In the near-term, should the Fed need to raise rates higher than the market expects, currently anticipated to peak around 5%, we would expect it to be a headwind for the quality style given its valuation premium. This, of course, works both ways. If we emerge from the current economic volatility into a world of relatively low growth and low inflation, like the environment we experienced pre-COVID, then high-quality growing companies should outperform.
Neither of these views is our base case. In this type of environment where rates remain elevated for longer and with economic growth under pressure, there is, arguably, more opportunity for successful stock-picking for US investors. As such, now more than ever, it is particularly important to understand the business and financial models of the companies held by an investor. We think the importance of balance sheet strength is going to become a crucial differentiator. As investors, we always avoid excessive leverage but, right now we have this combination of forces where interest rates are higher than they have been for a long time, and economic pressure is rising, potentially creating a negative cocktail for leverage businesses out there.
Most US equity strategies are focused on the growth or value styles or a blend of that. A strategy that is focused on quality first, then balancing valuation versus growth as a secondary consideration, is differentiated from the traditional approaches. It should provide the opportunity for resilience in more difficult economic environments, with the long-term compounding of that structural growth opportunity. So overall, quality’s approach should give an attractive and differentiated return product profile as a component of a US equity portfolio.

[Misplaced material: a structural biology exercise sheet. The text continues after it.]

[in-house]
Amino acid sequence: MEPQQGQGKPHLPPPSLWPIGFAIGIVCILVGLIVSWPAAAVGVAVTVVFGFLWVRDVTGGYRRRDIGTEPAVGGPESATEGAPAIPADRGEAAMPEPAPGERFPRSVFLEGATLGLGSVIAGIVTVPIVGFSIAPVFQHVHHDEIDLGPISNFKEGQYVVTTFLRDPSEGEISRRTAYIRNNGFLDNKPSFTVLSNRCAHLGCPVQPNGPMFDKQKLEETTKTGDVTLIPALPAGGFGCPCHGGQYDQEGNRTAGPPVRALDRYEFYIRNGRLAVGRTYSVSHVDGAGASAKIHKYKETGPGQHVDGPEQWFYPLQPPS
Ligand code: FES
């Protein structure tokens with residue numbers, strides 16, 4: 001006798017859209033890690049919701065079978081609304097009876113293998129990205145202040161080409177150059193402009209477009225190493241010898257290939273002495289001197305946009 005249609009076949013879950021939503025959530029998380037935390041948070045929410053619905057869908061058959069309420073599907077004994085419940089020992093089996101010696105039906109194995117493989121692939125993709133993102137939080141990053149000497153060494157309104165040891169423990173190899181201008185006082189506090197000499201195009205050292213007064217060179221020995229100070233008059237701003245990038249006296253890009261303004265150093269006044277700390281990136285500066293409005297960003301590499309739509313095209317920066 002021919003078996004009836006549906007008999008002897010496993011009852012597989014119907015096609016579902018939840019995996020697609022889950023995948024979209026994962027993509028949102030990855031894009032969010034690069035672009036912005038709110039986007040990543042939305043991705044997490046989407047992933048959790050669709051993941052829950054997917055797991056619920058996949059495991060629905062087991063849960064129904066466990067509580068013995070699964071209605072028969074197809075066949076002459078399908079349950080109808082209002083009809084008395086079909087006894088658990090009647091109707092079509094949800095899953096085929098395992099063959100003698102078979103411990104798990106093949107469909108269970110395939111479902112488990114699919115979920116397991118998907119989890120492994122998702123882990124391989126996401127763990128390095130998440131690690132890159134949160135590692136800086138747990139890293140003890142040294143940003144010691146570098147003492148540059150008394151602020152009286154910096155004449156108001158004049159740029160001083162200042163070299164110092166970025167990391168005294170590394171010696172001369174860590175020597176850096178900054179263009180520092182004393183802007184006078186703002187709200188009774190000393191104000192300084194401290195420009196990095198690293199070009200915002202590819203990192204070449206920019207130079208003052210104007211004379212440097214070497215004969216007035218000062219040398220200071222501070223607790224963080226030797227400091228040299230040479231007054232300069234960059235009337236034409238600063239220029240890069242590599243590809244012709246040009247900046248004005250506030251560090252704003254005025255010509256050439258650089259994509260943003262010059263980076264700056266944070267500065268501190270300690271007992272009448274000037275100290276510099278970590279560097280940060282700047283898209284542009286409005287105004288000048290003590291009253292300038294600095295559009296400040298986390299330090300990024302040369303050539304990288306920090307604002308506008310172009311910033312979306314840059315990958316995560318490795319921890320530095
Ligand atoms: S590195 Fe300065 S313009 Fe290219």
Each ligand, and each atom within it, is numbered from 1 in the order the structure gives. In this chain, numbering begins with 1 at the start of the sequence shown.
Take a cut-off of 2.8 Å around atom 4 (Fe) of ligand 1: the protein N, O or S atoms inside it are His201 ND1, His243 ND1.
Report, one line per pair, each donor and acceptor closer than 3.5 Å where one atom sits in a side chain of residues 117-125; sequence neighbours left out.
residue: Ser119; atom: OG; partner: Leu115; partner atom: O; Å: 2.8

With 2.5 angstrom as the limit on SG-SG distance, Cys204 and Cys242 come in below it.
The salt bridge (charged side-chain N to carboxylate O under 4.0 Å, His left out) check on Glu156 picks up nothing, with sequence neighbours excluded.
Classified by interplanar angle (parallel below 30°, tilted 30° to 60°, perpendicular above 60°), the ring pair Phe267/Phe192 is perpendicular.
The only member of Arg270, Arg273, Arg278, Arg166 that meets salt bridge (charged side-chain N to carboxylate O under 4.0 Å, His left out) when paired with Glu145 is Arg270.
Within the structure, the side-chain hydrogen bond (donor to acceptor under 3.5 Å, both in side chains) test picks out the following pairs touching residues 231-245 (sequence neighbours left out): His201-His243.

General risks. All investments carry the risk of capital loss. The value of investments, and any income generated from them, can fall as well as rise and will be affected by changes in interest rates, currency fluctuations, general market conditions and other political, social and economic developments, as well as by specific matters relating to the assets in which the investment strategy invests. If any currency differs from the investor’s home currency, returns may increase or decrease as a result of currency fluctuations. Past performance is not a reliable indicator of future results. Environmental, social or governance related risk events or factors, if they occur, could cause a negative impact on the value of investments.
Specific risks. Equity investment: The value of equities (e.g. shares) and equity-related investments may vary according to company profits and future prospects as well as more general market factors. In the event of a company default (e.g. insolvency), the owners of their equity rank last in terms of any financial payment from that company. Concentrated portfolio: The portfolio invests in a relatively small number of individual holdings. This may mean wider fluctuations in value than more broadly invested portfolios. Style bias: The use of a specific investment style or philosophy can result in particular portfolio characteristics that are different to more broadly-invested portfolios. These differences may mean that, in certain market conditions, the value of the portfolio may decrease while more broadly-invested portfolios might grow.